Research: Cities can save time on records requests by doing open data right

Adopting an open data policy significantly reduces the number of public record requests that cities receive compared to cities that lack an open data policy. This was the major finding of a study I set out to conduct earlier this summer, to understand the relationship between the growth of open data policies and longstanding freedom of information laws. I found that while the average number of public records requests cities receive is growing significantly over time, cities could save time and money by passing an open data policy and investing in a robust open data program.

As a result of my research, I can say confidently that city officials should allocate resources to passing open data policies and building robust data portals in the face of a nationally increasing volume of public records requests. Access to information is a fundamental democratic right, and given that the benefits of providing proactive access to information brings positive benefits back to cities, it is clear that city officials should be proactively releasing open data that belongs in the public domain.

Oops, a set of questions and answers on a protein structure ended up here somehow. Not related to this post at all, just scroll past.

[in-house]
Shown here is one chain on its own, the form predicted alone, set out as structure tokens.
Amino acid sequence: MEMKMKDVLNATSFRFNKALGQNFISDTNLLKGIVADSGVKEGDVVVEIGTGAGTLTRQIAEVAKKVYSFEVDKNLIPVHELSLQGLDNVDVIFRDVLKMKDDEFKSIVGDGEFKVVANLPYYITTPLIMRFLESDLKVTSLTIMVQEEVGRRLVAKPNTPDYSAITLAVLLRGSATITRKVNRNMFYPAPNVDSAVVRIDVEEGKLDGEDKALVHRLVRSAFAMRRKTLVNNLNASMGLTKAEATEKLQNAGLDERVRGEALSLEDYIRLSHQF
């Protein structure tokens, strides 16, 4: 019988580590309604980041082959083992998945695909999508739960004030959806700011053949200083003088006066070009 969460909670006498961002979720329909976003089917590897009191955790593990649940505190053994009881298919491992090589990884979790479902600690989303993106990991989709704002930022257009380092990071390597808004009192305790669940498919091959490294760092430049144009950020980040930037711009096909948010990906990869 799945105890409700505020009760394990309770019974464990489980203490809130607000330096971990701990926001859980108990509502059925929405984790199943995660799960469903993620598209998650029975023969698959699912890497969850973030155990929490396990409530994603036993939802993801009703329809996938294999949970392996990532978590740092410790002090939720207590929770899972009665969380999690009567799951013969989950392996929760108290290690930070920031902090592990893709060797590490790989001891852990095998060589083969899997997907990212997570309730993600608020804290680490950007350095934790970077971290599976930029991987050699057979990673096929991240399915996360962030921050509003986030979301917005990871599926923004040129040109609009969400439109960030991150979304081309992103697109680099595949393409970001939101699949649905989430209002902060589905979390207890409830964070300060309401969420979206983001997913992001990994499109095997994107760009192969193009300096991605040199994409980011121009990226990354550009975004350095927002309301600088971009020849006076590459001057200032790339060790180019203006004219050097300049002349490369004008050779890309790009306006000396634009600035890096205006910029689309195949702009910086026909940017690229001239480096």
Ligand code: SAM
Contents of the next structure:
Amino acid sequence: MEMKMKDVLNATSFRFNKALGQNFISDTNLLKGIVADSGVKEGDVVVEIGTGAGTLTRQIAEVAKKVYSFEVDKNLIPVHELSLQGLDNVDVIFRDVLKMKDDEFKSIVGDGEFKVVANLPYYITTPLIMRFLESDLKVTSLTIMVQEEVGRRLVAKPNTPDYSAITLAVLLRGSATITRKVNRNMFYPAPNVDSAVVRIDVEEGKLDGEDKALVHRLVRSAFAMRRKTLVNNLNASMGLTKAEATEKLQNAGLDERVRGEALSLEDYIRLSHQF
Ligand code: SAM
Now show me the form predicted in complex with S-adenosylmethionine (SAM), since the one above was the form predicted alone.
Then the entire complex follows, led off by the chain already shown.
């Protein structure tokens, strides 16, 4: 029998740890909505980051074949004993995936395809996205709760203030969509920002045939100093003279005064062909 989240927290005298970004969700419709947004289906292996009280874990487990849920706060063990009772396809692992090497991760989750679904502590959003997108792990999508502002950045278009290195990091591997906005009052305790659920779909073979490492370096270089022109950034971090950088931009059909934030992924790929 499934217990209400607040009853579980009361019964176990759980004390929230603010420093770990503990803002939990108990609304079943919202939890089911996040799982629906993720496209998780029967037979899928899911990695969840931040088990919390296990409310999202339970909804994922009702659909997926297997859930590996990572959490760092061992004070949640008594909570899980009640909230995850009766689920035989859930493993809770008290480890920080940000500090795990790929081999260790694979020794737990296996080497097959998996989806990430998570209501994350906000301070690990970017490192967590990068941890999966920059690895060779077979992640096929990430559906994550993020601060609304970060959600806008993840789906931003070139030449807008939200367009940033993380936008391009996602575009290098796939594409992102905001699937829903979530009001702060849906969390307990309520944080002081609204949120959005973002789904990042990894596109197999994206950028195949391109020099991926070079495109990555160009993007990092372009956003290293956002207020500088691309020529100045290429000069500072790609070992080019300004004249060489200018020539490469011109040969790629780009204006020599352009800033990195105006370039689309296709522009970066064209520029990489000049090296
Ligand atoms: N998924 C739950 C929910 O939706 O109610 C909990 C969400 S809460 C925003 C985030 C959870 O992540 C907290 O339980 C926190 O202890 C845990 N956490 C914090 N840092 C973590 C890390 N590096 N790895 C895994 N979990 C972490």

My initial research questions asked whether FOI and open data are siblings or silos. Through its work with cities across the U.S., Sunlight’s Open Cities team has heard definitively that cities with limited resources effectively wanted to provide citizens with timely and comprehensive access to public information. To do that, cities would have to understand the relationship between these two channels of public information.

To conduct this research, I collected 236,616 historical public record requests (PRRs) from 52 mid-sized cities across the US, dating back to October 2009. I analyzed whether adopting an open data policy significantly affected the number of monthly PRRs cities received and whether the robustness of a city’s open data program impacted the results. I also analyzed the text of 110,063 PRRs from the 33 cities in our sample that publish this information to understand what types of information are most commonly requested by citizens, and whether this changes when cities adopt an open data program.

Finding #1: Adopting an open data policy reduces the number of PRRs that cities receive (Read more…)